Other than trying to get the best possible price, one of the most formidable challenges for economy-section airline passengers is to get a “decent” seat. Airlines have made it increasingly difficult to avoid being squished. Here are an ­expert’s strategies for finding comfort in coach…

Looking for Legroom

No single seating statistic means more to airline-passenger comfort than the distance from one row to the next. (Most people refer to this as legroom, though the industry term is “seat pitch.”) Every inch matters here. Seats that used to be 34 to 35 inches apart from row to row now are more likely to be 30 to 31 inches apart—or even less. 

Legroom varies not just from airline to airline but from plane to plane and at times row to row, which can make comparisons challenging. Still, some airlines offer decidedly more legroom than others. 

Among US airlines, legroom ­leaders include JetBlue, with an average of 33 to 34 inches from one row to the next…and Southwest, which offers a dependable 32 inches fleetwide. The laggard is discounter Spirit, which provides a too-close-for-comfort 28 inches, as do many, but not all, Frontier Airline aircraft. 

The three major US airlines—American, Delta and United—average somewhere in between those extremes, but they also fly such a wide variety of planes with various seating configurations that their seat pitch averages don’t necessarily tell you much about the ­legroom you’ll get on a particular flight.

What to do: Enter an airline, travel date and flight number into SeatGuru.com to find seat pitch details for specific planes.

Secrets of Seat Width

For larger passengers—and people who find themselves seated next to larger passengers—the width of an airline seat can be as important as the legroom. The vast majority of seats are between 17 and 18 inches wide, but when you actually use these seats, the variance can have a big effect. Airlines especially likely to provide 18-inch economy seats include JetBlue and Frontier…while most Southwest flights feature 17-inch seats.

Ironically, it’s wide-bodied planes such as the long-range Boeing 777 that are most likely to feature the narrowest seats. Airlines increasingly are squeezing in 10 seats per row on these planes, which is possible only if seats are around 17 inches wide. 

What to do: Try to avoid booking flights that have 10 seats across per row—especially if you don’t fit well into airline seats. As above, consult ­SeatGuru.com to investigate seat widths on flights that you are considering. 

Good Rows, Bad Rows

Seats and rows within a plane’s economy section vary in subtle but important ways, such as added legroom or decreased ability to recline. Airlines usually charge extra for especially desirable seats, but don’t expect them to disclose which seats are especially undesirable.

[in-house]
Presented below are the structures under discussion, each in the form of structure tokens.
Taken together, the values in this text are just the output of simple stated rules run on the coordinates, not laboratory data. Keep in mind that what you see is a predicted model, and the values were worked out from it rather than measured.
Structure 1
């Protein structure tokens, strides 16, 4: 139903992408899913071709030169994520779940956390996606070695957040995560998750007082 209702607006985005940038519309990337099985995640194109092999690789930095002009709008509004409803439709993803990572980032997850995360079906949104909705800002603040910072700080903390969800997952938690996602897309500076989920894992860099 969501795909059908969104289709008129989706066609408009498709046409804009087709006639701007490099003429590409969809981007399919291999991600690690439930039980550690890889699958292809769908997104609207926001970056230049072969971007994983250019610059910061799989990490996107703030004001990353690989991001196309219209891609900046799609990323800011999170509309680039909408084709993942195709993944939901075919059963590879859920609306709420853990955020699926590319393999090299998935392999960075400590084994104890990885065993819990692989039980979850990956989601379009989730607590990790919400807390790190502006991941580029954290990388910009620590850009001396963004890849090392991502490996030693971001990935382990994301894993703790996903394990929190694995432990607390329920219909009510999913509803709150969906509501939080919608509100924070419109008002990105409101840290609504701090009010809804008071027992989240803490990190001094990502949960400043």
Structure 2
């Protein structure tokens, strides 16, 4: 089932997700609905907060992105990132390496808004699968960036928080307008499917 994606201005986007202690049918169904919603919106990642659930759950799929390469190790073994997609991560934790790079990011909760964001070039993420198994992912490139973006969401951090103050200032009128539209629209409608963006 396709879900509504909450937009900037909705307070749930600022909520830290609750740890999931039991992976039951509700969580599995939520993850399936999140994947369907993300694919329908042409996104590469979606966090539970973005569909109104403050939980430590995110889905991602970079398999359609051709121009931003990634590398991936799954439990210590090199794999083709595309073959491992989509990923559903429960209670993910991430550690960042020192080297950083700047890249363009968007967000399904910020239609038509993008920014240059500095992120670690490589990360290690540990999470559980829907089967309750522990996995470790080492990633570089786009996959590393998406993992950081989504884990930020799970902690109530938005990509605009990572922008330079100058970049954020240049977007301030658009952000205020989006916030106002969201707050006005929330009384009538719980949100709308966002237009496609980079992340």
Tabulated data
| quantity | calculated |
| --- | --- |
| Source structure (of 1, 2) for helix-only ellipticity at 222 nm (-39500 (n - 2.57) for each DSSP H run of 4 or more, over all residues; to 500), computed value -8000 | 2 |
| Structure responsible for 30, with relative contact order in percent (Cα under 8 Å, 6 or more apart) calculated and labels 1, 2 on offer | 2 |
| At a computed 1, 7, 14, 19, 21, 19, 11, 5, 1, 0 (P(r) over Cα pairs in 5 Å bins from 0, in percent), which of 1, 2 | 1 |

Notable economy-section seats and rows include…

Good: Emergency-exit-row seats tend to have several inches more legroom than other economy seats for safety reasons—the extra space makes it easier for passengers to reach the exit in an emergency. But it comes at a price—airlines usually charge premiums for exit-row seats. Exception: Southwest doesn’t explicitly charge extra for desirable seats—it doesn’t even have seat assignments. Southwest passengers jockey for seats when they board. But desirable seats usually get snapped up by passengers who pay extra for “­EarlyBird Check-In,” which lets them board before most other ­passengers. 

Some good/some bad: Seats in the front row of a section, also known as “bulkhead” seats, often have various amounts of extra legroom. And with no seat directly in front of you, there’s no risk a fellow passenger will recline his/her seat into your space. But like emergency-row seats, desirable bulkhead seats usually cost extra—and they have hidden downsides. You usually can’t stow your personal items under the seat in front of you because there is no seat—these items might have to be stored in overhead bins.

And the tray table for bulkhead seats typically folds up from the armrest. That requires wider armrests, resulting in narrower-than-normal seats. Bulkhead armrests also are unlikely to fold up and out of the way.

Exception: On a small percentage of aircraft, including many Airbus A319s and A320s, the wall or curtain separating the bulkhead seats from the section ahead does not extend all the way down to the floor, allowing access to the space under the business- or first-class seat in front of you. 

Mostly bad: Seats in the last row of economy often don’t recline as far back as seats in other rows, if at all, because they are positioned very close to a wall. The aisle seats in this last row can be especially undesirable, because they’re likely right next to the bathroom door—for much of the flight, there might be passengers hovering over your seat or even holding onto the top of the seat for balance. Passengers in the final rows also have the longest wait to get off the plane, and bathroom odors can be an issue.